Am I finished with my setup? No, and don’t expect to be any time. It’s a continuous process. A temptation to withstand, is trying to advance too fast by pulling in configuration snippets from other people and seeing how you can make them work for you. It should rather be the other way around: think about what would be a super time-saver or work facilitating improvement. Dream it up; the sky’s the limit. Only then go out and see what config snippets you can find on the web to achieve what you imagined. The advantage of this approach is that it gives you time to go through a learning curve. Each new feature forces you to later your workflow. Your brain will need time to “work it in”, i.e. to remember the new sequence of steps to do something that you used to do differently (or maybe not at all) before. When you use the new feature like it had always been there, only then move on to adding the next improvement. This process of making gradual improvements, and at the same time learning how to use them is the only way, IMHO.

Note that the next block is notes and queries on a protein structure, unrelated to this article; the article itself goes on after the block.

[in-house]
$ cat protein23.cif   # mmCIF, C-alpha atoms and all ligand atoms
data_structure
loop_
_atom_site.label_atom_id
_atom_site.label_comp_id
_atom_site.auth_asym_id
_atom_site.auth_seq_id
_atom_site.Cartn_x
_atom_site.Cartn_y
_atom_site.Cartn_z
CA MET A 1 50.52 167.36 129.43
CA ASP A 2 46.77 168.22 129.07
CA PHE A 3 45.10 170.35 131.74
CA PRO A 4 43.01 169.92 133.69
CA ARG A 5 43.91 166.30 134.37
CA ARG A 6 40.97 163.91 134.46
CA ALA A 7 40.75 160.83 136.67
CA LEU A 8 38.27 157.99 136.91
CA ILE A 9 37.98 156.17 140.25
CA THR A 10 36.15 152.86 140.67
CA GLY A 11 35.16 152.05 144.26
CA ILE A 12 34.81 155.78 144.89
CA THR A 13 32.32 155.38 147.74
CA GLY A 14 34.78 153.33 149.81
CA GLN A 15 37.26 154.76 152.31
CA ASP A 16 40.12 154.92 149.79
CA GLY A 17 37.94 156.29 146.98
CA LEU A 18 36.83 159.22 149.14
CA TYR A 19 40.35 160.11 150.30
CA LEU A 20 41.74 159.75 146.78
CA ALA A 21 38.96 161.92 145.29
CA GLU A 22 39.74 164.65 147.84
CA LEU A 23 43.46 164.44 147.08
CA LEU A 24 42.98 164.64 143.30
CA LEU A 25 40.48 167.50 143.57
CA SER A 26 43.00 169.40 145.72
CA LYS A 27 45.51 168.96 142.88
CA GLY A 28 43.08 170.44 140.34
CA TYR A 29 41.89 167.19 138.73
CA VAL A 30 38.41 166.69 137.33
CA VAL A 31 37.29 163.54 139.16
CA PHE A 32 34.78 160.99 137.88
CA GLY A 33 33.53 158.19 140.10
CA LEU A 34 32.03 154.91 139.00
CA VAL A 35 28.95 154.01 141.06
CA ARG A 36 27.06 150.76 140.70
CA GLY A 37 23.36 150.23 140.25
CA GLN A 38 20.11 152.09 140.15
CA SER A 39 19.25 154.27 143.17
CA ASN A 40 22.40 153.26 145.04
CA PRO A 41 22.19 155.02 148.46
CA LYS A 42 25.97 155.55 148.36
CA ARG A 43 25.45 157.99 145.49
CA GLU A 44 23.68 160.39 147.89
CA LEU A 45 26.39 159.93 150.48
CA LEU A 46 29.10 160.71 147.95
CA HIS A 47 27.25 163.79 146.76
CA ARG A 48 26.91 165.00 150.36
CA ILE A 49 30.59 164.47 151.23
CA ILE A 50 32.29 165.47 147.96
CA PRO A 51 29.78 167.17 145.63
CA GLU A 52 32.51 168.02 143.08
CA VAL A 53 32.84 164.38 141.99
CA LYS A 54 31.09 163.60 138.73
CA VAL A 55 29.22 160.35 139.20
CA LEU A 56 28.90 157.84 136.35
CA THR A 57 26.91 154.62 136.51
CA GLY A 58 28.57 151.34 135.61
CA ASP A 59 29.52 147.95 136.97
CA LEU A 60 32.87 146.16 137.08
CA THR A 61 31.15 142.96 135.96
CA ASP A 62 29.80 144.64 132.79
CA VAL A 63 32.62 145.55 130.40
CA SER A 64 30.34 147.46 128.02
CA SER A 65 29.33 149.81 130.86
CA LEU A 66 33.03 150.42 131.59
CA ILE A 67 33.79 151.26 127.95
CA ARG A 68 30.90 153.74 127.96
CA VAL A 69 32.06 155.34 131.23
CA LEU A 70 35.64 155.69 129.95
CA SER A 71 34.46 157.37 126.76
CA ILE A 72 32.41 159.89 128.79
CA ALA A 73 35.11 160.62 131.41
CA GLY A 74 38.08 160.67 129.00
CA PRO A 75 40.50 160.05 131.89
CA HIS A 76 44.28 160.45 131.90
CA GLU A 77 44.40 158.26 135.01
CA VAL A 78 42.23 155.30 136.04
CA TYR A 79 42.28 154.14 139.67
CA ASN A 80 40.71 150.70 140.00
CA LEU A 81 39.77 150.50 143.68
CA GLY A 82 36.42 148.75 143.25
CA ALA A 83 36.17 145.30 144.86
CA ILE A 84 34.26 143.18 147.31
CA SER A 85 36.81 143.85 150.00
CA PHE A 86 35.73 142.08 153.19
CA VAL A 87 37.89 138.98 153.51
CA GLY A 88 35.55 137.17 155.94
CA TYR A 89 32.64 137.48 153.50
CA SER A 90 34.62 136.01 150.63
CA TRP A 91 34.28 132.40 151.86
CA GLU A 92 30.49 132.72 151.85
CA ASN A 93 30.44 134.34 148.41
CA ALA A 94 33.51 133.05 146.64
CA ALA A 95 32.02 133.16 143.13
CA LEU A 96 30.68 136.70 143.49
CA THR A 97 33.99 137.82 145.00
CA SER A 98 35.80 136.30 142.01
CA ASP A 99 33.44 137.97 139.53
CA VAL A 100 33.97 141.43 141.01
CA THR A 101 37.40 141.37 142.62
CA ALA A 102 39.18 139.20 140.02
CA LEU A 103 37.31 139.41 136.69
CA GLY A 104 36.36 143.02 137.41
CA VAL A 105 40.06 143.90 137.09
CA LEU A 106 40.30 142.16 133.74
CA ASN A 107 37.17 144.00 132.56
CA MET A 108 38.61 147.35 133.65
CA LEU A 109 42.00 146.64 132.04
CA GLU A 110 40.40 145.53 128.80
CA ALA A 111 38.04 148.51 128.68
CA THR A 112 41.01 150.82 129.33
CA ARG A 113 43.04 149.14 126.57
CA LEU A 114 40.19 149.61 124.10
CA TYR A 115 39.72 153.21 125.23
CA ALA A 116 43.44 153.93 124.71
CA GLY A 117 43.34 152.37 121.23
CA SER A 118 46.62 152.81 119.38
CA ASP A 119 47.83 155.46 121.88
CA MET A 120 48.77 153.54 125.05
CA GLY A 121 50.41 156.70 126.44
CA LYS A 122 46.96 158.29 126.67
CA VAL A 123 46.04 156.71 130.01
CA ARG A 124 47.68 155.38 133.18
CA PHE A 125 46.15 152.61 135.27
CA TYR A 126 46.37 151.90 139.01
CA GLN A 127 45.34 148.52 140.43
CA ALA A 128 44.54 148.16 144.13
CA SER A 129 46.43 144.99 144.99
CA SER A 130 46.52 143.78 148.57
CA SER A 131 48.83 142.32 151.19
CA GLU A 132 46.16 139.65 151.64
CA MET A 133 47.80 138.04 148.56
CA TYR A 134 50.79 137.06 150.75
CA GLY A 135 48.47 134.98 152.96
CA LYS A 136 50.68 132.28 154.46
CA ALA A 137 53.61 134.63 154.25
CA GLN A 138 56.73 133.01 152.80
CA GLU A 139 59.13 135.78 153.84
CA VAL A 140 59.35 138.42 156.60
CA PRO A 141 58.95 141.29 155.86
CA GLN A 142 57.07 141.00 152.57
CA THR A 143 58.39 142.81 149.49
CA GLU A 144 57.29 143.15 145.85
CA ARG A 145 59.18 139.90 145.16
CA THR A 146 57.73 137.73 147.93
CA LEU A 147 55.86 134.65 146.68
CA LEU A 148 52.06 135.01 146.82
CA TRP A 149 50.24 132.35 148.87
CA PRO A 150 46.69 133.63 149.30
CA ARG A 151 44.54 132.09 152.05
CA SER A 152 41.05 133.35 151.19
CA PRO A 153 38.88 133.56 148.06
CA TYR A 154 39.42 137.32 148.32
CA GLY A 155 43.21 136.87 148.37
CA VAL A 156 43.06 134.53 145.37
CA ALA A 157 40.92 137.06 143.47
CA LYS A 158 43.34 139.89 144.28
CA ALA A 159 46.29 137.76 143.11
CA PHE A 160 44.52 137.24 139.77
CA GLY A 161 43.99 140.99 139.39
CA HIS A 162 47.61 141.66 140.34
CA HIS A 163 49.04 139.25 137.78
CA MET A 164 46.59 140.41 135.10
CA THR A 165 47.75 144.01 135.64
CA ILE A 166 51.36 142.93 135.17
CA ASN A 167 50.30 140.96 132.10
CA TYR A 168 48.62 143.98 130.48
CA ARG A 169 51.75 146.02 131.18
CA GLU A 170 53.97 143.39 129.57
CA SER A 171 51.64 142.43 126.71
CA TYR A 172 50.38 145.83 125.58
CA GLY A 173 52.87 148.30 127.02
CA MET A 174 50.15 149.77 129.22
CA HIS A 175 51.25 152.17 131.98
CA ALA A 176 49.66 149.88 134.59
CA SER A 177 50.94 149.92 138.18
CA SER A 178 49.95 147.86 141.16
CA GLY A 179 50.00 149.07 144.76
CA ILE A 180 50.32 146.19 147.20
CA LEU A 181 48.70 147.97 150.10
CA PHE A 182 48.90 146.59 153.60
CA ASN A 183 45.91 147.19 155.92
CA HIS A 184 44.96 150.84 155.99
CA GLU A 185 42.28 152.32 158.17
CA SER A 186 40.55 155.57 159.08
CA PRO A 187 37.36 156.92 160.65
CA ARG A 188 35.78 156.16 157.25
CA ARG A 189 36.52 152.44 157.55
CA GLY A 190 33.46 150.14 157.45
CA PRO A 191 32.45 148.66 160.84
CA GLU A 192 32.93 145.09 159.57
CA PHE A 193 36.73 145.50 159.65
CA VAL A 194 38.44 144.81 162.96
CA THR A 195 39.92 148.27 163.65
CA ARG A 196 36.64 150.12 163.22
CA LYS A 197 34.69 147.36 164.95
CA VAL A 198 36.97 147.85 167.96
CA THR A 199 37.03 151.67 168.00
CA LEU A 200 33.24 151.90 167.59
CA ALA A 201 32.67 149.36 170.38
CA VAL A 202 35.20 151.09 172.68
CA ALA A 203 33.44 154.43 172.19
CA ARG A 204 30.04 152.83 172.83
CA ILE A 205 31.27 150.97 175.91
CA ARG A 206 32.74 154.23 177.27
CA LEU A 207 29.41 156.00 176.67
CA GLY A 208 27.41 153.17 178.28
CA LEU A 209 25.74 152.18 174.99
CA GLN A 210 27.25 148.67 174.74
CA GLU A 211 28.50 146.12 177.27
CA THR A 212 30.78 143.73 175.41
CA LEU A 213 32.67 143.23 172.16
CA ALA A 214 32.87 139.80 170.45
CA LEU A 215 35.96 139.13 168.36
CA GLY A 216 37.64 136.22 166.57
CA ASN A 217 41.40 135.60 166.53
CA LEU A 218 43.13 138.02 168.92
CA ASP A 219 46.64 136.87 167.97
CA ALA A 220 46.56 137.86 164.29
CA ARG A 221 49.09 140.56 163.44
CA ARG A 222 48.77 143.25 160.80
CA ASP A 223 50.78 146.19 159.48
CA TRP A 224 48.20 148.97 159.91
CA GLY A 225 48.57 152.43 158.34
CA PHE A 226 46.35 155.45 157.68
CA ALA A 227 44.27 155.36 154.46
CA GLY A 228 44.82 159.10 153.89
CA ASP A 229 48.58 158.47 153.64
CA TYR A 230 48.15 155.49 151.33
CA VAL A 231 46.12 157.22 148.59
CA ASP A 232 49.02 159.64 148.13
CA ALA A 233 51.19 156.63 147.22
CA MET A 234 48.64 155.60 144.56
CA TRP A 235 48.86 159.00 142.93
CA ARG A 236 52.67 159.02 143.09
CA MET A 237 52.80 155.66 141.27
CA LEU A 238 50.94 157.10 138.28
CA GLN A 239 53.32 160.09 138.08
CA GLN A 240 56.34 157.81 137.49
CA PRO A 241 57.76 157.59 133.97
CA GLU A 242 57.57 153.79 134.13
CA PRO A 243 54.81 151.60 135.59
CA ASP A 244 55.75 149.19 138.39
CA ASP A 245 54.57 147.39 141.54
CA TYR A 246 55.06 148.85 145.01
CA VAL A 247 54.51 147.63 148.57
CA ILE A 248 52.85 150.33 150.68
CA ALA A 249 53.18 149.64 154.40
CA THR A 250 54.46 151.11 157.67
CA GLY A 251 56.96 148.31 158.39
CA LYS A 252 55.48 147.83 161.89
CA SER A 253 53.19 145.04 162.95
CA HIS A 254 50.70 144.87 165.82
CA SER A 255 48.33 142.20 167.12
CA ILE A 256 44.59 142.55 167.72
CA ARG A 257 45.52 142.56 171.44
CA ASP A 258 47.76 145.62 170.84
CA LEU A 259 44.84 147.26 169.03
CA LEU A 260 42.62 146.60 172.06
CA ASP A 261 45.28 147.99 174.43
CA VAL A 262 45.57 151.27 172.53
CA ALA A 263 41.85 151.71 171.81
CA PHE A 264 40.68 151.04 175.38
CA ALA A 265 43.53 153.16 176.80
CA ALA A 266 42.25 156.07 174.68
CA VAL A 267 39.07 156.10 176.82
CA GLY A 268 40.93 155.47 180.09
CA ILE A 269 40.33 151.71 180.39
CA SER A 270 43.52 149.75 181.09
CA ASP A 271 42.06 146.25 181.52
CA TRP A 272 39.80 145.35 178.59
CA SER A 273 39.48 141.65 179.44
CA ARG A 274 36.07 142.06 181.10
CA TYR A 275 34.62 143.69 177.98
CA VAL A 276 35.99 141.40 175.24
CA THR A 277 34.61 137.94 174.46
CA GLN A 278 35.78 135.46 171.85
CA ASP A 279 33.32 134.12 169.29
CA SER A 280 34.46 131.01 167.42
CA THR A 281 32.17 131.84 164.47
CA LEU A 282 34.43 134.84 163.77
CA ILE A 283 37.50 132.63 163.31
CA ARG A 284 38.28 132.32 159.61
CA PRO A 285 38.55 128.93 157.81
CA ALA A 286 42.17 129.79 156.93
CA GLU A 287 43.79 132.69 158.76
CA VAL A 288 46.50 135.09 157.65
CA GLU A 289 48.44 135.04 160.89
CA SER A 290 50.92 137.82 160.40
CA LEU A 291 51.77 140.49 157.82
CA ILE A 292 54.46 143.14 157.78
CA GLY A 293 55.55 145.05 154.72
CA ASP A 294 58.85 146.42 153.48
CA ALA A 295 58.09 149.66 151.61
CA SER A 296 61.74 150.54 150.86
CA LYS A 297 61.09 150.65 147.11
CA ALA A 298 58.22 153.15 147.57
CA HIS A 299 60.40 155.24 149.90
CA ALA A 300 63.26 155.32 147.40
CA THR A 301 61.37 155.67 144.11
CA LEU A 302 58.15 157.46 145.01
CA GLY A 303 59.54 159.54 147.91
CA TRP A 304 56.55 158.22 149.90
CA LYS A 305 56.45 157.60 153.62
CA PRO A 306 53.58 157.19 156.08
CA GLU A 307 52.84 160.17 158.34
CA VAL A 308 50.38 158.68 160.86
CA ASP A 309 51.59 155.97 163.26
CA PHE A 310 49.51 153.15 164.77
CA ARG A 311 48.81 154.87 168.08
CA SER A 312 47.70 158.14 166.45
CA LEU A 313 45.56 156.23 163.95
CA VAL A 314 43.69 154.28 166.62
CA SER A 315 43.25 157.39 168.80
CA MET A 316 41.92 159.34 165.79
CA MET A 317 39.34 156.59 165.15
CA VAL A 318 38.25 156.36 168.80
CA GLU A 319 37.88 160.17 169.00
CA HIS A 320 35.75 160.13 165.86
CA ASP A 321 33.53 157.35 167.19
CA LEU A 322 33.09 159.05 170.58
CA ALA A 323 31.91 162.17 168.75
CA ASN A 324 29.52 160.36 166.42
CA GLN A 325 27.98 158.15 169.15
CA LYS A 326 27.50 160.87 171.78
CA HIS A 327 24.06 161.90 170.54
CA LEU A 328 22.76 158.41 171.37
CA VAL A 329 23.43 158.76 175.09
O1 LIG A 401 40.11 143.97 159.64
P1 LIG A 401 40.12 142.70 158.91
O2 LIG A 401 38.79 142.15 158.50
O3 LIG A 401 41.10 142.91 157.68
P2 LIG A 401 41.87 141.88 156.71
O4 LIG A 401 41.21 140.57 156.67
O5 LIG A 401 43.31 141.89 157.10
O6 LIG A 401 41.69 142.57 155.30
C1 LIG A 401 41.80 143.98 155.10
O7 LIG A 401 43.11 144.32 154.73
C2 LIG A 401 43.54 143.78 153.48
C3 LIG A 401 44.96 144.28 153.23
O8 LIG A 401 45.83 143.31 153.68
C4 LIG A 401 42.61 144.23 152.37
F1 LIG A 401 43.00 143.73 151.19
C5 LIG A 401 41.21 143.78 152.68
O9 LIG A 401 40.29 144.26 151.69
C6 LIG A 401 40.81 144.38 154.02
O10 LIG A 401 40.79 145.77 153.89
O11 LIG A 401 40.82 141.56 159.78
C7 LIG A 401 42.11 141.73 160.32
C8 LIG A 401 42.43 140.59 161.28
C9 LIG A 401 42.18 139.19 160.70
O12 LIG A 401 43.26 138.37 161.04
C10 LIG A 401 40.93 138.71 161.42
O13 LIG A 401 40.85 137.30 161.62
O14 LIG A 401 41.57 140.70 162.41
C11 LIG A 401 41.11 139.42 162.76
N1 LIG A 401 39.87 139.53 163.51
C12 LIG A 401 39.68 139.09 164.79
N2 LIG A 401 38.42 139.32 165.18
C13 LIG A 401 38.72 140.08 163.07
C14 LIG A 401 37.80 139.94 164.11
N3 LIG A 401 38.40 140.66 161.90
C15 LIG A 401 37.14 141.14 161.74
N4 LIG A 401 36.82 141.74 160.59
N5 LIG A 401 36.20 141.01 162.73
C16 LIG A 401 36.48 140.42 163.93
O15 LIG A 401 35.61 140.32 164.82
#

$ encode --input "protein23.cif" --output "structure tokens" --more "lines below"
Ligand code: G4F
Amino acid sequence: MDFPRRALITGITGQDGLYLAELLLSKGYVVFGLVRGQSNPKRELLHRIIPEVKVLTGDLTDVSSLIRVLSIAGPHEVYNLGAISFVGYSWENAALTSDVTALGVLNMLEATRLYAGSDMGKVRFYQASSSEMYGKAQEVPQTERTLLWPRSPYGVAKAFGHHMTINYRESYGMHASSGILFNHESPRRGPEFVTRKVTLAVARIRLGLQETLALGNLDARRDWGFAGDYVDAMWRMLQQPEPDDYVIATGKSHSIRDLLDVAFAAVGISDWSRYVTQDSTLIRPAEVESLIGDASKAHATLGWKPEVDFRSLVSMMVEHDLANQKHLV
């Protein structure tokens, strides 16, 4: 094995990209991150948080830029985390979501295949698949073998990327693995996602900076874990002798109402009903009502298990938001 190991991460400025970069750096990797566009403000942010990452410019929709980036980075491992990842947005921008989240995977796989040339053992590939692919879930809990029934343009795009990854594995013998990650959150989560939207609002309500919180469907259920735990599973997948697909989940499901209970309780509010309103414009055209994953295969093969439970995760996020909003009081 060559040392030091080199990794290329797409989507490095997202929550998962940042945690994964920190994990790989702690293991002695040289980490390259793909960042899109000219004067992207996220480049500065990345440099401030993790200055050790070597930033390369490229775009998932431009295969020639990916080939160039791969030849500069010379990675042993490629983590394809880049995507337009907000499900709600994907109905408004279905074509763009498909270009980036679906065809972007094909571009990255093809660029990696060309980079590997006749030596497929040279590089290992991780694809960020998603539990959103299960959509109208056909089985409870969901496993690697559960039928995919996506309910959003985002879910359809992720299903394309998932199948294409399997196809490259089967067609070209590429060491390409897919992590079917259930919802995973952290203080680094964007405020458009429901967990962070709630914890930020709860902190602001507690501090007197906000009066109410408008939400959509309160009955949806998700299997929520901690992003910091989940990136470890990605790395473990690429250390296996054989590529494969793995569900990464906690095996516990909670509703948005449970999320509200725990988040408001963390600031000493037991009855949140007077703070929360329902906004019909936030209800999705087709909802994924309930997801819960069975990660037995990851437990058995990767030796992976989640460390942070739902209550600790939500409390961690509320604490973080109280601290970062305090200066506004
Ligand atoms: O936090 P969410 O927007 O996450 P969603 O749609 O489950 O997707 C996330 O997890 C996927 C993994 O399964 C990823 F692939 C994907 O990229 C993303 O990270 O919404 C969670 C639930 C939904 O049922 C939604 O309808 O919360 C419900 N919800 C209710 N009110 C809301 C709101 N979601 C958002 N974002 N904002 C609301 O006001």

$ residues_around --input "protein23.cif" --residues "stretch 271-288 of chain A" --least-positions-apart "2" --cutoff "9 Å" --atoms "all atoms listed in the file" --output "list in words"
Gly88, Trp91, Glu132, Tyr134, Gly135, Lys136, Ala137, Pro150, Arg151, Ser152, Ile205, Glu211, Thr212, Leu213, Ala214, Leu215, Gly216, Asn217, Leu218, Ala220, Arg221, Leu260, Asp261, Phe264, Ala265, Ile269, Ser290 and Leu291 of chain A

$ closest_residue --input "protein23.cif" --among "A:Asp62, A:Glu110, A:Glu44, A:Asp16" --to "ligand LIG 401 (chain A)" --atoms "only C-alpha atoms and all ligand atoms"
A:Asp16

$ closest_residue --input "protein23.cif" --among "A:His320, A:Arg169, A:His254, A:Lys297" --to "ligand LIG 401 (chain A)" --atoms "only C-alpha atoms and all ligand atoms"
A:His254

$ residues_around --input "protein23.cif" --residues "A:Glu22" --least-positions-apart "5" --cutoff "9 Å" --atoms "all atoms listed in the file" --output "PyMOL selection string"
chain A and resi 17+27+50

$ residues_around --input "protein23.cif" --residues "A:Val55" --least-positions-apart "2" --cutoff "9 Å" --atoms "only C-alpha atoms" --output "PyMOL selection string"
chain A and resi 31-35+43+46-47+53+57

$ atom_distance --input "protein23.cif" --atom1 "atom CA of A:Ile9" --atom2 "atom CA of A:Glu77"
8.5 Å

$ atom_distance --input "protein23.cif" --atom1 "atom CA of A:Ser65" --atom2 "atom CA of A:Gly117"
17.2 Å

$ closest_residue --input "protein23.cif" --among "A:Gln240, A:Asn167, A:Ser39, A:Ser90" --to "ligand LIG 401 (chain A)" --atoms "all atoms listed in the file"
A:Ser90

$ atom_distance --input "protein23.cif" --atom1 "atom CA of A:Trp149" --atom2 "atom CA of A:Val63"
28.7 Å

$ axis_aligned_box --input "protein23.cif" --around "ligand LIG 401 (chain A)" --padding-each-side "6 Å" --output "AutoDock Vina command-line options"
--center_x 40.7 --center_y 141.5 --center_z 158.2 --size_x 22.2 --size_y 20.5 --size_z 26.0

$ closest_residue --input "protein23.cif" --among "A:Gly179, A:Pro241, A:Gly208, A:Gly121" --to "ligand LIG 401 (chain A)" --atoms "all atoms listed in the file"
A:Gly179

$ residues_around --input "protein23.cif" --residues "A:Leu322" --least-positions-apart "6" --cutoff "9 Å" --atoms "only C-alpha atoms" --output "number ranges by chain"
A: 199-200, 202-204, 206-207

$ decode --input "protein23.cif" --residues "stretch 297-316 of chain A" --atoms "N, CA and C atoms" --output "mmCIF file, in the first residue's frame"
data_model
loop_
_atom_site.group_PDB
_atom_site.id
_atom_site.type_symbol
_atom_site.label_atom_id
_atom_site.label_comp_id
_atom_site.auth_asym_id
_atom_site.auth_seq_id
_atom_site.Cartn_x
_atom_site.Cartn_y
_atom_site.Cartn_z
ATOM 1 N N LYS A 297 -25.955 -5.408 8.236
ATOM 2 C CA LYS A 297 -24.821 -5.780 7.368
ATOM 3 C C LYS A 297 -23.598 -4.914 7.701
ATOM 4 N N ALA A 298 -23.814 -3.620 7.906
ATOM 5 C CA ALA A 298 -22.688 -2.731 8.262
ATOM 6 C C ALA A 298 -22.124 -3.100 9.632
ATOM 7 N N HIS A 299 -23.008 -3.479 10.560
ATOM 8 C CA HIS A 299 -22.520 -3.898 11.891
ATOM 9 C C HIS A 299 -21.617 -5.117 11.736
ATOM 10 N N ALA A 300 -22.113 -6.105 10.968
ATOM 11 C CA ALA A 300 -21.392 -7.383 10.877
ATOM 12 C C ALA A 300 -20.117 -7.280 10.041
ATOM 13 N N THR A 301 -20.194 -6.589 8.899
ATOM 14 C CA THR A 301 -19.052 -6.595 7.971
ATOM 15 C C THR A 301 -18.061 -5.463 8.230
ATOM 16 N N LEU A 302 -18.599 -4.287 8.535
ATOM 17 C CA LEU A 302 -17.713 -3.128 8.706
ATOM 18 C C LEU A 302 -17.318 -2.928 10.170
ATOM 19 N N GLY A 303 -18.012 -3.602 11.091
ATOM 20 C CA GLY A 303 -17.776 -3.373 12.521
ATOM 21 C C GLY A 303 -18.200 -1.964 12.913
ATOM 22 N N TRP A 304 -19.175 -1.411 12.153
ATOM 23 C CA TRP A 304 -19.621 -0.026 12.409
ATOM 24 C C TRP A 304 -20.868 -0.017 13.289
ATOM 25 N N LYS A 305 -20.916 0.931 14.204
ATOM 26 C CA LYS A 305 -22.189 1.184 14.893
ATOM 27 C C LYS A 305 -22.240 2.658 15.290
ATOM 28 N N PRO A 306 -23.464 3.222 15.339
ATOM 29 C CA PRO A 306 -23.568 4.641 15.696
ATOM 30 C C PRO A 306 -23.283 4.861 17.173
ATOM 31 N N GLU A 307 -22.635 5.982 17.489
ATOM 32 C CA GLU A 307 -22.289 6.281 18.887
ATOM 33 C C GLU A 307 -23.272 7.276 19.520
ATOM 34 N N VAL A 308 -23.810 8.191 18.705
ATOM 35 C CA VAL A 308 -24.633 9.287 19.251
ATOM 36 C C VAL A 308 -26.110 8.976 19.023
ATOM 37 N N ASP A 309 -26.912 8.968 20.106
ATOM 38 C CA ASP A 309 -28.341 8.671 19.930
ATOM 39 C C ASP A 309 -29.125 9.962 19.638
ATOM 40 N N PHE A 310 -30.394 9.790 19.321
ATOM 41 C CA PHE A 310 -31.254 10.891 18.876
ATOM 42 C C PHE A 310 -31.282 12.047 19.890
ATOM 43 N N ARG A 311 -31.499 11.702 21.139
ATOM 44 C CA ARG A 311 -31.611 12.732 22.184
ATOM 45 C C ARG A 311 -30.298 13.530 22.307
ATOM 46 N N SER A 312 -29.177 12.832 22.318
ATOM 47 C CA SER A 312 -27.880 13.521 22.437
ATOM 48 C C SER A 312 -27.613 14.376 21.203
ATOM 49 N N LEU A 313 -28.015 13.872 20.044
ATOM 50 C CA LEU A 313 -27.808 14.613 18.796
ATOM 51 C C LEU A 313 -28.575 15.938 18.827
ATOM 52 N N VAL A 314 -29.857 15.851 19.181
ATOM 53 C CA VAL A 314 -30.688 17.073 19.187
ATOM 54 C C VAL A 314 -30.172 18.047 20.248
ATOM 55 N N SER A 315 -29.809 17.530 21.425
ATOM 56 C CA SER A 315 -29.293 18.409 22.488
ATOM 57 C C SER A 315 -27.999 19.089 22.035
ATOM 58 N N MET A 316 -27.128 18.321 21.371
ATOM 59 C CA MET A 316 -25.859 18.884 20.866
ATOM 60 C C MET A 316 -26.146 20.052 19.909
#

My requirements were:

With these words of warning to take it slowly, build up step-by-step, and to make sure you can revert back to the previous step and live with that until you have fixed it, here is my new mail setup.

The first thing to understand is that in each of your email accounts, there is a sending, and a receiving side. The two are technically independent services offered by you Email service provider. The sending, and receiving service use different protocols, and it has hence become customary to name them after the protocols they use: SMTP (for sending), and IMAP (for receiving).

Anatomy of an Email account with a sending, and a receiving side.